The bridge whisperer: Bridge needs a serious weight-loss plan
"Holy lift bridge!" I exclaimed as I stumbled toward the controversial blue edifice. I had just finished a late-night tour of Canal Park's finest drinking establishments. It was a fine, warm night and the route back to my car was blocked by the i...
"Holy lift bridge!" I exclaimed as I stumbled toward the controversial blue edifice. I had just finished a late-night tour of Canal Park's finest drinking establishments. It was a fine, warm night and the route back to my car was blocked by the inoperable, upright, unreliable, glorified, Erector-set of a bridge. Frustrated, I paused and hazily contemplated my next move.
Then I heard a low moaning and a soft, deep voice emanating from the bowels of the pedestrian bridge.
"Ohhhh, why must I endure this misery?"
"What?" I replied. "Bridges can't talk. At least you've never been known to."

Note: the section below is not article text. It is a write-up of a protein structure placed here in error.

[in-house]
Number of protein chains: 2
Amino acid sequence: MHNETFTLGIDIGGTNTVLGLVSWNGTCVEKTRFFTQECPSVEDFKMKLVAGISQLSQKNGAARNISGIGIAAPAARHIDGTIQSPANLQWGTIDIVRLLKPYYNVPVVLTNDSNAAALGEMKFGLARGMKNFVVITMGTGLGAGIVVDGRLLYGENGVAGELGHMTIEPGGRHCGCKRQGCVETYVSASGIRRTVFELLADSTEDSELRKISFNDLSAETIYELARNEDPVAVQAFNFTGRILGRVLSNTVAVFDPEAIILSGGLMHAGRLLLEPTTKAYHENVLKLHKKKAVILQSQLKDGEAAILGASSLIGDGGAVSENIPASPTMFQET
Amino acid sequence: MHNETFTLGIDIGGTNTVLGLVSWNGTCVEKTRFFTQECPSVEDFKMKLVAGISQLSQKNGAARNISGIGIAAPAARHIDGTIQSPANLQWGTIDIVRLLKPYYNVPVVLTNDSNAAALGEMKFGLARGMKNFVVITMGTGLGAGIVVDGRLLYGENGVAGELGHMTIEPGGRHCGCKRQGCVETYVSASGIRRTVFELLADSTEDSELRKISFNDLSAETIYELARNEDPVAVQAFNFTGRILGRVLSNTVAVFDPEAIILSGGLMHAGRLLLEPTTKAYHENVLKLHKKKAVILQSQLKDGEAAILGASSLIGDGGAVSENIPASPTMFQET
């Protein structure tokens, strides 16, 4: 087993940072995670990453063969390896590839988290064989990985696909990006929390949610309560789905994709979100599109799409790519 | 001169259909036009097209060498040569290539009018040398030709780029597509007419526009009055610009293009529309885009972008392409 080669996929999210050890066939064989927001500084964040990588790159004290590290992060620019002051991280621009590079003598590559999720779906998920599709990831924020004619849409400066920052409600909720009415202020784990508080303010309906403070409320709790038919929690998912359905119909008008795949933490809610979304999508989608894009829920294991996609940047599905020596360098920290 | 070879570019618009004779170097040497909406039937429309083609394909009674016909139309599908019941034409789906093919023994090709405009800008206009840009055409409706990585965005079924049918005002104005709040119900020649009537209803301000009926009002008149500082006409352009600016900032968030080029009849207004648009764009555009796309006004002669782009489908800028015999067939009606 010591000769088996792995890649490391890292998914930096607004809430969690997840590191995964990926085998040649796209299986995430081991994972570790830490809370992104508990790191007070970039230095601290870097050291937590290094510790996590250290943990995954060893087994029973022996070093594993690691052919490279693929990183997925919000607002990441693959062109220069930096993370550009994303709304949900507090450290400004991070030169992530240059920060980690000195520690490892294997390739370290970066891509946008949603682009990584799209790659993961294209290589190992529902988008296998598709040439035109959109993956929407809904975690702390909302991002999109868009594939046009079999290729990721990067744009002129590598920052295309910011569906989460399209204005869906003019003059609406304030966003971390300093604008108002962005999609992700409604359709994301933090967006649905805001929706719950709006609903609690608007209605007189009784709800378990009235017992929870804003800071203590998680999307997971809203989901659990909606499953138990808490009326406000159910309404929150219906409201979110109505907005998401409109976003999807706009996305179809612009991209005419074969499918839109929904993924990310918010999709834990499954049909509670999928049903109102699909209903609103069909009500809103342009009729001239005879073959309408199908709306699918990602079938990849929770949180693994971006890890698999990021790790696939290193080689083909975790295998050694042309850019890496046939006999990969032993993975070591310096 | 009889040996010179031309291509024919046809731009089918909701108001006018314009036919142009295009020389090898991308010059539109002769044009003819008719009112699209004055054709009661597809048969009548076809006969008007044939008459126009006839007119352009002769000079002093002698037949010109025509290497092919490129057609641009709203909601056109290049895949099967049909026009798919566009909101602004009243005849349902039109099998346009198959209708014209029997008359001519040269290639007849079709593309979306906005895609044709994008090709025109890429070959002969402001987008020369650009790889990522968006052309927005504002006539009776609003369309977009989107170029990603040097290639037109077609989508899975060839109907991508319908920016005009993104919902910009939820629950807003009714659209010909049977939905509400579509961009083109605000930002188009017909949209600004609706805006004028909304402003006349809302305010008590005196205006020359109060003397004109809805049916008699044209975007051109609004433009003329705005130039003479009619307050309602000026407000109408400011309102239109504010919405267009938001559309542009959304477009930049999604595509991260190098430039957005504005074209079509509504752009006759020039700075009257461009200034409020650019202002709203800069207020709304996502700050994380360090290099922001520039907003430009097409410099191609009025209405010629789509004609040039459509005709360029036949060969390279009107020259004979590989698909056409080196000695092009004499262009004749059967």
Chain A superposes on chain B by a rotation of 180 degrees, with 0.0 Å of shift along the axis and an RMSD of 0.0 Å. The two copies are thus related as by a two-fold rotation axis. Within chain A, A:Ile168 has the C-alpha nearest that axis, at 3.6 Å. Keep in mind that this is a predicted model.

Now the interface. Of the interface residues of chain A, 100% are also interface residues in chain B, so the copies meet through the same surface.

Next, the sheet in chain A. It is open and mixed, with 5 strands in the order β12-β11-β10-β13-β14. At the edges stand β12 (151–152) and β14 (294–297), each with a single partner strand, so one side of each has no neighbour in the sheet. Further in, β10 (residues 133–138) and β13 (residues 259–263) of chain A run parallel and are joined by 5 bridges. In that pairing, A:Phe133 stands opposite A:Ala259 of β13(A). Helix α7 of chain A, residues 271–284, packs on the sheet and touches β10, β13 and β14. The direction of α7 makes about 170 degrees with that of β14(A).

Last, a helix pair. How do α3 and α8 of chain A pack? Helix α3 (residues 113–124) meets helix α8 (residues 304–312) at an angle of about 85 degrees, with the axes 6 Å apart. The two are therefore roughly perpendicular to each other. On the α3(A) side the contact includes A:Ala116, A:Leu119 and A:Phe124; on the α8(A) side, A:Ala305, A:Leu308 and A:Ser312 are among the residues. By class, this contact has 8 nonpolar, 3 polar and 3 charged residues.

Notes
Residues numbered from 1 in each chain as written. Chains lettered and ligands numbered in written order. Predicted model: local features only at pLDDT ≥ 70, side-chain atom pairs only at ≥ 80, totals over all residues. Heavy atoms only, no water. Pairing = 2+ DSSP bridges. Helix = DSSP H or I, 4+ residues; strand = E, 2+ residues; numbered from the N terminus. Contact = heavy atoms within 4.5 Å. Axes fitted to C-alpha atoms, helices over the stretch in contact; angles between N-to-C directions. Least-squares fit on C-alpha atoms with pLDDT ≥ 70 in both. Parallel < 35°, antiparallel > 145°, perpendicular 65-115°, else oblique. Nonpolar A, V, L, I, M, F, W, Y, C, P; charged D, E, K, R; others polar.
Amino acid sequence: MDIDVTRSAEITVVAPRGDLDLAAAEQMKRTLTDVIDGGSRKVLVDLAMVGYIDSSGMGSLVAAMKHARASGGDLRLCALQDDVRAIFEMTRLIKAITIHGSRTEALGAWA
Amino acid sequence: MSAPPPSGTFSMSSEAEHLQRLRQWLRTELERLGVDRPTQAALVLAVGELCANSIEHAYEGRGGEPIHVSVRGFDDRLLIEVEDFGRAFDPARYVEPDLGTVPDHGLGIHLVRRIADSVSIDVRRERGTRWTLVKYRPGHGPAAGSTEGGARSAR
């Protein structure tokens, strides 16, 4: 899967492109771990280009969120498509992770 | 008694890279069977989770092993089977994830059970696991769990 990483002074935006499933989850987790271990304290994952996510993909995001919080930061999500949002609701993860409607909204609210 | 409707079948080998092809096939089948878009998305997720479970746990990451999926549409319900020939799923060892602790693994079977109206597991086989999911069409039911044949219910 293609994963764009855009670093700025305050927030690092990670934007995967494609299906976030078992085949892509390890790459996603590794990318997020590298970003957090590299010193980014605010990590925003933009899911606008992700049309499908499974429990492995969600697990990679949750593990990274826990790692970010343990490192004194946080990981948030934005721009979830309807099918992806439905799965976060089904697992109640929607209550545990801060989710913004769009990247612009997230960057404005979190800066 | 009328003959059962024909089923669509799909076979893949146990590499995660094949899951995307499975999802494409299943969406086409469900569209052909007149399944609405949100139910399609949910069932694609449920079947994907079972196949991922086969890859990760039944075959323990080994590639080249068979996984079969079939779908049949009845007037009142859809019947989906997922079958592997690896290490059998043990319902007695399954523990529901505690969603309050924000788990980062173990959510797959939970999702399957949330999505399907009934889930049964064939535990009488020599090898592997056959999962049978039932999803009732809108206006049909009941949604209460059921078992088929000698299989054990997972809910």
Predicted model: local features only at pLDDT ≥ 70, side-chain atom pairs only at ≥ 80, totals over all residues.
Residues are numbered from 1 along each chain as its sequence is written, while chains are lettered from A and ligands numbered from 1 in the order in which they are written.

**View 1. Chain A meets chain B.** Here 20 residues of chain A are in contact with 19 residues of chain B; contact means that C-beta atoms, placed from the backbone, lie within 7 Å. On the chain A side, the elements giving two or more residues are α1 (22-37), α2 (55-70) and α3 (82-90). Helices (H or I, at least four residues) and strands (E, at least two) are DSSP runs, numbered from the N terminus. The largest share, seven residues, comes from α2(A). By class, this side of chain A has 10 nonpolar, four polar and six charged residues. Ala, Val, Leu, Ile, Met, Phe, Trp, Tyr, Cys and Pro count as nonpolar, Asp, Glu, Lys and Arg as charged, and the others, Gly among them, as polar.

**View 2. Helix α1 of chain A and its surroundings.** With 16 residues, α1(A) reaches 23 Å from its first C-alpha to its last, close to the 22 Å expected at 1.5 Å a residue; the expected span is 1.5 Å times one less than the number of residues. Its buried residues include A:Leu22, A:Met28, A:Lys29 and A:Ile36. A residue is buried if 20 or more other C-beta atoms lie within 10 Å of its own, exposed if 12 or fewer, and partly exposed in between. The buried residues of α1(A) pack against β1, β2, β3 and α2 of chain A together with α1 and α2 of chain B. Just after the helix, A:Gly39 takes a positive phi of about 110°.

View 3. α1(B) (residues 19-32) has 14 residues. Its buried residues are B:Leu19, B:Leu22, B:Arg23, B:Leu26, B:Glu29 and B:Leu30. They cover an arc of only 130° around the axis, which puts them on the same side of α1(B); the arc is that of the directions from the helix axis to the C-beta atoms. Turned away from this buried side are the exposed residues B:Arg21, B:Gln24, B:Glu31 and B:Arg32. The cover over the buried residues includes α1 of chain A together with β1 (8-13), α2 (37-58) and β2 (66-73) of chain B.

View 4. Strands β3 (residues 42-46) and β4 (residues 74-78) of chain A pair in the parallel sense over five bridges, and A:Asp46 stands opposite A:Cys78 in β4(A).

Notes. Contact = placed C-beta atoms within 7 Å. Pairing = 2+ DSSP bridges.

"That's because I've never felt quite this bad before, and I've never been this old. Year in and year out since the early 1980s I've faithfully performed my job to the best of the abilities I was given, lifting the heavy wooden planking on my deck and then lowering it again. Every spring the wood became sodden with rain and twice as heavy.
"I call it elder abuse," the voice from the bowels of the bridge continued. "I'm not young anymore, you know. Why can't some whiz-kid city engineer replace the tons of wood decking with textured aluminum at one fourth the weight? It would sure help my tendons and ligaments, I mean cables and pulleys, and make them last longer.
"Decades ago, yuppie, Baby-Boomer backpackers like Sam Cook effortlessly carried 70-pound packs through the woods. But they've aged, too, and now they have magnesium and Kevlar gear that weighs half as much and gives their human pulleys and cables, I mean connective tissue, a break. Don't I deserve as much?
"Take all that medieval-era, heavy, damp, wood decking and build a giant sand box and shelter for homeless cats in the Bayfront park playground, for all I care. But give me lightweight aluminum or give me death. Your choice."
Ken Lindberg has been a Canal Park merchant since 2000. He's also a teetotaler but believes in poetic license.